Maternal CVD Mortality and Breast Feeding

Researchers analyzed the results of almost 22,000 Norwegian women who were younger than 65 years old at enrollment and had given birth to at least one child. Those who had never nursed were two times as likely to die from cardiovascular disease (CVD) when compared to those who had ever breast-fed. This finding held true when adjusting for…

Read MoreLong right arrow

Introducing Solids to Baby

Mothers who did not exclusively breast feed their infants were twice as likely to start solids foods before 4 months of age. The American Academy of Pediatrics (AAP) recommends no solid foods until at least 4 months old because infant head and neck coordination needed to safely eat solids is not present until that age.…

Read MoreLong right arrow

Lactation Benefits the Mother Years Later

Obesity-related diseases are a growing concern around the world. Based on the Million Women Study in Britain, researchers have found that mothers who had not breast-fed had significantly higher BMI scores than those who did. Those who breast-fed for more than 6 months had the greatest weight reduction. While not proving casuality, this study adds…

Read MoreLong right arrow

Formula vs. Breast Feeding and Development

Researchers at the Univeristy of Arkansas have compared the outcomes of infants fed soy-protein formula or cow's milk formula to those breast-fed. This observational study shows that breast-fed infants experienced slightly higher but significant developmental and language scores than those fed either type of formula at 12 months of age. It should be noted that…

Read MoreLong right arrow

Bottle-feeding + Early Solid Foods = Formula for Early Obesity

Formula-fed infants introduced to solid food before 4 months of age had 6.3 times higher risk of obesity by the age of 3 compared to breastfed infants. Breastfed infants showed no impact based on the age of introducing solid food (P<0.0001). This research confirms the long-term benefits of breast feeding during the first six months…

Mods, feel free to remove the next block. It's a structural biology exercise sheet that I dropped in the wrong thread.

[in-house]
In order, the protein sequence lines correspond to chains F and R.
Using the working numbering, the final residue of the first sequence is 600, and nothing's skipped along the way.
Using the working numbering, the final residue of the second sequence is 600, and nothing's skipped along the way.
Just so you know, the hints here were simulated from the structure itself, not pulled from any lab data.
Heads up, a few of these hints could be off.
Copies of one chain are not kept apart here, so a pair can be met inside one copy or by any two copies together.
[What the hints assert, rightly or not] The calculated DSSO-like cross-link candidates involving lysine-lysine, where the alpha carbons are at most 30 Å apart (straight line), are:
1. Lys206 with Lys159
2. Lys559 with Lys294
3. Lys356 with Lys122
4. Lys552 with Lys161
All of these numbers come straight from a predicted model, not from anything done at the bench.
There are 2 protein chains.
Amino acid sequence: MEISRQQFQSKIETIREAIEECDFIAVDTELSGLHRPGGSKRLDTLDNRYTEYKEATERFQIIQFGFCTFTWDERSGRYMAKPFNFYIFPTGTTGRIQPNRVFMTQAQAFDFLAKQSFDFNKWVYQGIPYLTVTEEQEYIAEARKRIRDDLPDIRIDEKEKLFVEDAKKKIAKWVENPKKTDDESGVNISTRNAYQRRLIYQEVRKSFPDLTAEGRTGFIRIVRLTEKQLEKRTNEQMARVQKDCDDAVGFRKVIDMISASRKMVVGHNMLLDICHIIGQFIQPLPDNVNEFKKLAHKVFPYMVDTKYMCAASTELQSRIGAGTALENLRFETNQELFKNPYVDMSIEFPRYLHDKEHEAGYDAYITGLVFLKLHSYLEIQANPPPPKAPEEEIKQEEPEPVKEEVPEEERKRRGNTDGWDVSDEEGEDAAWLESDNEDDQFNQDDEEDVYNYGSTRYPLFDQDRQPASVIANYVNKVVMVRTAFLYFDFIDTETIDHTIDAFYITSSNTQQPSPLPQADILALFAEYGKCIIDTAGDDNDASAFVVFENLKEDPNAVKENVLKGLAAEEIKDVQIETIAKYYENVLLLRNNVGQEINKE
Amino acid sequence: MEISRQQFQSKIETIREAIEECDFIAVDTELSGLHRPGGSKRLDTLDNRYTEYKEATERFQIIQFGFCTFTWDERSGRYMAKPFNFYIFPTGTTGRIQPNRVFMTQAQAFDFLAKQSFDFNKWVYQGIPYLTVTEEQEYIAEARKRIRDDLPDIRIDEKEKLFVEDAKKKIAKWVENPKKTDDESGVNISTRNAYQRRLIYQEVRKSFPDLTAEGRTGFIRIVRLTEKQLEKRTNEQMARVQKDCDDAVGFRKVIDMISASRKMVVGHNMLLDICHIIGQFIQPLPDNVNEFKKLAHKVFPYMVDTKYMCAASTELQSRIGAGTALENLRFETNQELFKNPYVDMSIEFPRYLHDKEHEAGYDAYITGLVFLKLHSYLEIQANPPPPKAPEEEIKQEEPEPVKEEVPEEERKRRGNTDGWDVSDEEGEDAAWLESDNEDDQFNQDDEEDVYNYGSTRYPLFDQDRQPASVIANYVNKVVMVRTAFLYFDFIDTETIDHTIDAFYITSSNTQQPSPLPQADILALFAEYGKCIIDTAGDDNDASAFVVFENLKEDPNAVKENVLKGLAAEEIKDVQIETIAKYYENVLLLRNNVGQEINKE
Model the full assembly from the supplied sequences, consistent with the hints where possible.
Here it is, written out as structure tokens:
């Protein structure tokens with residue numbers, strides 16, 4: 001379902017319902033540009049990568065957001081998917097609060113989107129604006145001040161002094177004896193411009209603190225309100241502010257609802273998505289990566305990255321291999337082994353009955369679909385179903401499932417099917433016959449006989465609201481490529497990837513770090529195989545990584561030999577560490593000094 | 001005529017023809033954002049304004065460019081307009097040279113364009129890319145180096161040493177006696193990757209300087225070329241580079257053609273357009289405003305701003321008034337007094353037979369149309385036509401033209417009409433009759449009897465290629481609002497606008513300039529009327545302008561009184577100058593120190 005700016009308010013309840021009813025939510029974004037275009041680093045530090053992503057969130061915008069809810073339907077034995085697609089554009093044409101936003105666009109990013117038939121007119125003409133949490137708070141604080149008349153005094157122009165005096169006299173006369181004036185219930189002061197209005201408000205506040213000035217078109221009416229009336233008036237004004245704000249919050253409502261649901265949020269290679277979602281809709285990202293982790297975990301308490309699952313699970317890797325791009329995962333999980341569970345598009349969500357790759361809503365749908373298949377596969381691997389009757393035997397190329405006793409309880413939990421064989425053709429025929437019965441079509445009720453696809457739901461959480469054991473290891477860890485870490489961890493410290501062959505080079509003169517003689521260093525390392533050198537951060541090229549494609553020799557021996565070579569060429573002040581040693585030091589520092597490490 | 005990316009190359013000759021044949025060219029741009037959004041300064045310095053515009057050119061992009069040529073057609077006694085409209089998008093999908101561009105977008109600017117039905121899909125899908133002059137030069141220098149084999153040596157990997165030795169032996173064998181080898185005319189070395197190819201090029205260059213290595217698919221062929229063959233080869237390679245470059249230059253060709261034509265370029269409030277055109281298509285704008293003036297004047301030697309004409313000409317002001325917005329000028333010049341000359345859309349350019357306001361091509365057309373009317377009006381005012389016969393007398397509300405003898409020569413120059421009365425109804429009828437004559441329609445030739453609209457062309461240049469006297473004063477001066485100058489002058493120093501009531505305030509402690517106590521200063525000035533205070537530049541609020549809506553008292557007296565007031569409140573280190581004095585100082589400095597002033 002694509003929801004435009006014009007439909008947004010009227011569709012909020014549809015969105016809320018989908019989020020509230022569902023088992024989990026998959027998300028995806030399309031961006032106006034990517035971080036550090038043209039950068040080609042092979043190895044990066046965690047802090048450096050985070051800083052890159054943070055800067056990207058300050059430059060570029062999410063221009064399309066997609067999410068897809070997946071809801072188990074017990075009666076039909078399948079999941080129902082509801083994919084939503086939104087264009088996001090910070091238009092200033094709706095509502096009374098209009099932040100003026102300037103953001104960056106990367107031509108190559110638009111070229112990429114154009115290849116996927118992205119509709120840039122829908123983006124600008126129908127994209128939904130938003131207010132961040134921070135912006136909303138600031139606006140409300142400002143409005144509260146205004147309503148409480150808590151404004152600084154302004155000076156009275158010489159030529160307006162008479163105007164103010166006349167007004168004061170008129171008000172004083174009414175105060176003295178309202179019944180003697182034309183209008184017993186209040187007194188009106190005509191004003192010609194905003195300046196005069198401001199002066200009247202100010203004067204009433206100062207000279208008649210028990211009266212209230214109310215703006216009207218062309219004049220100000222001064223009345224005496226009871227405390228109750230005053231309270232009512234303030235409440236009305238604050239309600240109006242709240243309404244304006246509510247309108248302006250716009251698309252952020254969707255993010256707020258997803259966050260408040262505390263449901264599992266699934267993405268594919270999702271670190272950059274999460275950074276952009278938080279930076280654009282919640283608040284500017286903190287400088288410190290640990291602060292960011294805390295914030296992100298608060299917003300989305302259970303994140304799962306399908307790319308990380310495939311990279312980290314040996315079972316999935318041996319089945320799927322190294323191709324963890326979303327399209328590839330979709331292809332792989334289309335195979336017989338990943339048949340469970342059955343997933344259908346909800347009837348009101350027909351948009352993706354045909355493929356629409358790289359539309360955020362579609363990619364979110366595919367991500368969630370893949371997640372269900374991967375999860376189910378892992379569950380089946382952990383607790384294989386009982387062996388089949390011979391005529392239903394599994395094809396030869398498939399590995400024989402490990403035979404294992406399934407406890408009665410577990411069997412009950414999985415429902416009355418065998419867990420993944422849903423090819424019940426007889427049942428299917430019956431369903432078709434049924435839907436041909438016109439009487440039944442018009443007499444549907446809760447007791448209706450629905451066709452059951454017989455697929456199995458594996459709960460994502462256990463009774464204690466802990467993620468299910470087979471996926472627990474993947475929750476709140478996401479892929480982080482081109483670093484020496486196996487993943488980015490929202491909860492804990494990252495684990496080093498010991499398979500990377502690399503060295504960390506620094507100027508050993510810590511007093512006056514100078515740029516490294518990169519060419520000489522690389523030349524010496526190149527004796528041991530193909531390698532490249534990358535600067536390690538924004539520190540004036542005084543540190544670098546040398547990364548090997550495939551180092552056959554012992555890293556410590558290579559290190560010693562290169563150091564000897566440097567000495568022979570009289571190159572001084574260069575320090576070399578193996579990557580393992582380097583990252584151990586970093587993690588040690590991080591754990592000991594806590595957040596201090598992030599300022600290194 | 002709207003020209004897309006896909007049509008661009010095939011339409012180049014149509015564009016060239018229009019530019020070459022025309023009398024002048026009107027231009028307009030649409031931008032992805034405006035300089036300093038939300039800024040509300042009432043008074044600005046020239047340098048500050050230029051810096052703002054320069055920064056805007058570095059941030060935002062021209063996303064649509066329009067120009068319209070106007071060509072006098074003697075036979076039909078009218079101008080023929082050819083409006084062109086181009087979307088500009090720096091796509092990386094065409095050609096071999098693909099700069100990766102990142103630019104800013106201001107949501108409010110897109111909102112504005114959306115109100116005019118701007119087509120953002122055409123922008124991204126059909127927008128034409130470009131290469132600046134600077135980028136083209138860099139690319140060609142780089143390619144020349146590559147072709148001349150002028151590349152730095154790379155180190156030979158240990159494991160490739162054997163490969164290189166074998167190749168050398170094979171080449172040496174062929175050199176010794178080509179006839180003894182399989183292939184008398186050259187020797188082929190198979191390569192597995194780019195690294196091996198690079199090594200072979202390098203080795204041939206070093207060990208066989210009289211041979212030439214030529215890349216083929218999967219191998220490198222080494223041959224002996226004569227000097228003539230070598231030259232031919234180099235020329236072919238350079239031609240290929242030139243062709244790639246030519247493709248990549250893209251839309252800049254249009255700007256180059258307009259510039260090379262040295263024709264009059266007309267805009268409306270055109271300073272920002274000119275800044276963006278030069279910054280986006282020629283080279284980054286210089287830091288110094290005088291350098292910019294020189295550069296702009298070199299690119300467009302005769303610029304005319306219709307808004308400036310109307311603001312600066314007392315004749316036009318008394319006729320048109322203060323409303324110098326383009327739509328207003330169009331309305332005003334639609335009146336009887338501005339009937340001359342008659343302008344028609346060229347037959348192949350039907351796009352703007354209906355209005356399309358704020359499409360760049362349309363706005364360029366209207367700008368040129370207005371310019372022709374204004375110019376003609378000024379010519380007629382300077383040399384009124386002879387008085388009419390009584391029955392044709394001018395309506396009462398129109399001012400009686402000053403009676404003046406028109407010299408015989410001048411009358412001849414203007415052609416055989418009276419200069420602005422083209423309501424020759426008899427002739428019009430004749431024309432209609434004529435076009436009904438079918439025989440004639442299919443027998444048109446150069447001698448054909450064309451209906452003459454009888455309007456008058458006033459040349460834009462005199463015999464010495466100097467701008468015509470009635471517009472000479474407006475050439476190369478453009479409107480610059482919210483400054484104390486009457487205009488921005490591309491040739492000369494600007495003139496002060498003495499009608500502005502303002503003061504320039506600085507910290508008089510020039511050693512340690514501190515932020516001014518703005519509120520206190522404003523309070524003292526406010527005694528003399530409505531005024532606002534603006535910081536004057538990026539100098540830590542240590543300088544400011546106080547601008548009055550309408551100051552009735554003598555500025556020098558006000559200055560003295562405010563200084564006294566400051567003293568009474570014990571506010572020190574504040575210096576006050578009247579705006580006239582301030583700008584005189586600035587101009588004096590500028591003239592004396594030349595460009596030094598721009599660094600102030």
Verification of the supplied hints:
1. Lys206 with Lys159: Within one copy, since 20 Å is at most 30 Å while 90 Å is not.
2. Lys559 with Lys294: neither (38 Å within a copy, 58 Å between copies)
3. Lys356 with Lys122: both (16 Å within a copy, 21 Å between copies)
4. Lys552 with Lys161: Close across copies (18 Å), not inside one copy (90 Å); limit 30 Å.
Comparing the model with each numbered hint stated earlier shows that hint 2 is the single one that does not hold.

Read MoreLong right arrow

Breast-feeding Newborns Protected Against Infections

 Researchers in Crete interviewed 900 new mothers through-out the first year of their infants life to discover breast-feeding habits and the health of the newborns. When exclusively breast-fed infants experienced 30% fewer infections and 40% fewer admissions to the hospital. PositiveTip: Exclusive breast-feeding for the first six months of life provides huge benefits to the newborn! 

Read MoreLong right arrow

Benefits of Breast Feeding for the Mother

Another blog talked about the benefits of breast feeding for babies. But what about breast feeding benefits for mom?Moms who breast feed get a complete list of their own benefits:

Read MoreLong right arrow

Benefits of Breast Feeding Baby

Breast-feeding feeding has once again become very common in today's society. But, did you know why it is so healthy for baby? Here are just a few reasons to consider.Breast-fed babies have:

Read MoreLong right arrow

Breast Feeding Mothers Less Likely to Get Hip Fractures

There are many benefits of breast feeding both to the baby and to the mother.  Women who breast feed are less likely to develop osteoporosis and therefore less likely later in life to fracture bones. Because falls in later life often result in fractured hips, we can say, that one way to help prevent fractured…

Read MoreLong right arrow

Pre-menopausal Breast Cancer and Breast-feeding

A number of observational studies suggest that breast-feeding reduces pre-menopausal breast cancer risk, but large prospective studies have been lacking until now. Using a cohort of the Nurses' Health Study II, investigators report that women who had a first-degree relative with breast cancer and ever breast-fed had a lower risk of pre-menopausal breast cancer compared to…

Read MoreLong right arrow